PHOTOGRAPHY AND PARENTING LESSONS
“It is easier to build strong children than to repair broken men.” Frederick Douglass (1818-1895) “Children make you want to start life over.” Muhammad Ali (1942-Present)
I inherited my first camera, a 1950’s Voigtlander Vitomatic I, from my grandfather. Not surprisingly, it was a lot like him: he was Austrian-born and a very exacting man, meaning that everything had to have its place and work properly when needed. Likewise, the reliable German-built Voigtlander had a solar-powered light meter, a manual range-finder and it took sharp photographs with its precise Skopar lens. Once I took up garden writing, I realized that I needed a more modern camera to meet the photographic needs of my articles and books. The solution turned out to be a used Olympus OM-10 SLR camera – mostly because once left on automatic mode, it was virtually foolproof (provided you remembered to change the film ISO setting). These two cameras, the Voigtlander and the Olympus, spanned my entire 35mm era, which for me was about thirty years long. During this period I generally used Fuji slide film for its superior quality and the ease of sending individual images to my respective publishers.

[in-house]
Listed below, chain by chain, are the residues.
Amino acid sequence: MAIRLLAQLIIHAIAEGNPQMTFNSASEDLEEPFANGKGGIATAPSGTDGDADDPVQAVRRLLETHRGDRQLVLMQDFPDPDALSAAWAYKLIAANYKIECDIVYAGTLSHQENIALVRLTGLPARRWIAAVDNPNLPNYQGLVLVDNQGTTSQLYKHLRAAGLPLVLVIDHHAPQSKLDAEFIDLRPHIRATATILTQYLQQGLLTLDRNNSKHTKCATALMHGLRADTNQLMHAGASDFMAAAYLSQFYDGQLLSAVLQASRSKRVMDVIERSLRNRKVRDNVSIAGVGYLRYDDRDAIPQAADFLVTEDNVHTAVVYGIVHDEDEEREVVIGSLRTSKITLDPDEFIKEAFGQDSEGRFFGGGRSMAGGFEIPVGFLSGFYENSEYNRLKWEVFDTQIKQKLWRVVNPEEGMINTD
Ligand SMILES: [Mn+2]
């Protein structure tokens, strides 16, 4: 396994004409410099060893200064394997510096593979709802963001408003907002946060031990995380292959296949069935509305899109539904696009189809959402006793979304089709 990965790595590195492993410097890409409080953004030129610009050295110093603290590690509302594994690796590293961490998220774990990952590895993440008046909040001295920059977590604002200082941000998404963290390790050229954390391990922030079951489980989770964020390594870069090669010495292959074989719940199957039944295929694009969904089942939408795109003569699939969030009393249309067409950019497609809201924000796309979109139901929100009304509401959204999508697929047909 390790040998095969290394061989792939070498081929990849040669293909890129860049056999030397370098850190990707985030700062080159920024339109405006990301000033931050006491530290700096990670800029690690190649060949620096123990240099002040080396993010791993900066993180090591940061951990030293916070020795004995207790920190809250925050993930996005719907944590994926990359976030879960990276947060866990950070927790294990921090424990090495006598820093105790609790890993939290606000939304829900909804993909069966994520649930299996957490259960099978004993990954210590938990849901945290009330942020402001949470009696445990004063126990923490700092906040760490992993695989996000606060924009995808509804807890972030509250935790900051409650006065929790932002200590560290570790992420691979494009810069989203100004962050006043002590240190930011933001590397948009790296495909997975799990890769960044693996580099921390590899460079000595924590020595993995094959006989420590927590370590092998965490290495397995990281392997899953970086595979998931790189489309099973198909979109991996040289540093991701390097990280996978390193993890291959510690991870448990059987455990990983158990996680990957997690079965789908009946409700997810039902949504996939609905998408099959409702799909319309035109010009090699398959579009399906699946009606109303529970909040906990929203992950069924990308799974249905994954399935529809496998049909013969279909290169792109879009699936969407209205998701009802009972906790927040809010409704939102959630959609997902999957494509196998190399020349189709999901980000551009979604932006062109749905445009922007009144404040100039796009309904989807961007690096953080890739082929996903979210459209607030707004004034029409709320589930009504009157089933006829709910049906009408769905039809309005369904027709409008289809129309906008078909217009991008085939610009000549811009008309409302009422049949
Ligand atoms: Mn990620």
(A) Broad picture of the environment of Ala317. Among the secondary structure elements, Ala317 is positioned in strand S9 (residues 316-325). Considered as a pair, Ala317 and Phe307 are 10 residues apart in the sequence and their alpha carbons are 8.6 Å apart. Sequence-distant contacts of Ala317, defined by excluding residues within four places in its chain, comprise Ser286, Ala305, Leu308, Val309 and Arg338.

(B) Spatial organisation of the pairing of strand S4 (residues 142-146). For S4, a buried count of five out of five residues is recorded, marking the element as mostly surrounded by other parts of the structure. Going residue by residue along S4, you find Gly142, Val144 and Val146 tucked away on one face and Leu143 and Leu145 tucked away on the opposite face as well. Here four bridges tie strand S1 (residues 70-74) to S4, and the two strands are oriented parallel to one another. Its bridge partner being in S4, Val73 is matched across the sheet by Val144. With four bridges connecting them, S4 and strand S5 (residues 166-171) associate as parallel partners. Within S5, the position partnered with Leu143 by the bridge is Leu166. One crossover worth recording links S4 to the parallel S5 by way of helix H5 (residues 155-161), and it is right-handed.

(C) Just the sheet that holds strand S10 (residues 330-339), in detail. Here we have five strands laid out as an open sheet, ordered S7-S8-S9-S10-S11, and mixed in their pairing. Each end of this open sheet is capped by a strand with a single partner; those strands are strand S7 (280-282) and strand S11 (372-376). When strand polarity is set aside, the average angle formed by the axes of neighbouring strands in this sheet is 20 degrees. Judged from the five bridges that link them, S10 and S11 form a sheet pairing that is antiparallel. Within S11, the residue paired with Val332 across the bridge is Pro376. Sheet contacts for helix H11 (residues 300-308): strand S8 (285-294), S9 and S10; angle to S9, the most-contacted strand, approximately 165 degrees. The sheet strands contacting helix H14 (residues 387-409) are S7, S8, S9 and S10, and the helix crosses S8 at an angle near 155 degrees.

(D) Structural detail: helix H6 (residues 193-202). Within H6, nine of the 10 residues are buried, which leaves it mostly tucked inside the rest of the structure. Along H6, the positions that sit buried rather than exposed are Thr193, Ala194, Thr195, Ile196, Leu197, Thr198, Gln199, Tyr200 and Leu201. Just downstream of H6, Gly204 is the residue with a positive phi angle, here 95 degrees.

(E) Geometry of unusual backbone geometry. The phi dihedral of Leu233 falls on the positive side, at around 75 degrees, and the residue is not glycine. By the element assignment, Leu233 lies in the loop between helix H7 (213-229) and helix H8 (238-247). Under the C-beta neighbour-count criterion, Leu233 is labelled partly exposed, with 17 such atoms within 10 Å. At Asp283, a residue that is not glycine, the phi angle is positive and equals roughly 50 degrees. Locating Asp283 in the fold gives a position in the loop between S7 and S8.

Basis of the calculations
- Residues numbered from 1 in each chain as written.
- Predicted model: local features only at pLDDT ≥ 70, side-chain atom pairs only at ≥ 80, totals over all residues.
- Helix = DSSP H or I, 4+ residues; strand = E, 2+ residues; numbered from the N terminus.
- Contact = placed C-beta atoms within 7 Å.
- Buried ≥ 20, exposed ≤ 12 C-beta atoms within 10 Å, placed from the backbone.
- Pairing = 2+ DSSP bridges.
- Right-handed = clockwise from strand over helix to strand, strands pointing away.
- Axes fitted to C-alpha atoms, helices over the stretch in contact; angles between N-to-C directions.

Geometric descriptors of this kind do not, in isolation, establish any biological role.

I literally have hundreds of slides from this era, but my favourite isn’t one of a rare rhododendron in full bloom, a Japanese maple in autumn splendor or a dazzling display of spring tulips – it is a picture of a little girl who finally has her father’s undivided attention. That little girl is my youngest daughter Madeleine when she was about four years old. We had just spent the afternoon at VanDusen Botanical Gardens, where I was doing some photography for an upcoming magazine article. Truth be told, I wasn’t a very good parent that day, as I was quite preoccupied with the work at hand. Maddy’s photo was the proverbial last shot in the roll, that extra little piece of film at the end of each roll that might or might not translate into a useable full frame. Sadly enough, it is the only picture I have of her from that day, but I am still grateful that it survived. It serves to remind me that what children really want from us is just our time, because to them spending that time simply means that we love them. When I look back on my own childhood, the moments I fondly remember with my dad were just everyday occurrences – helping him wash the car, sharing a plate of French fries at the A & W Drive-In or watching one of Mohammad Ali’s many comeback boxing matches. Similarly, the time our kids want to spend with us can seem pretty mundane and insignificant, but as a father I can assure you that making those grilled cheese sandwiches for lunch, going out trick or treating on Halloween or just laying on the carpet and watching their favourite Saturday morning cartoons is time well spent.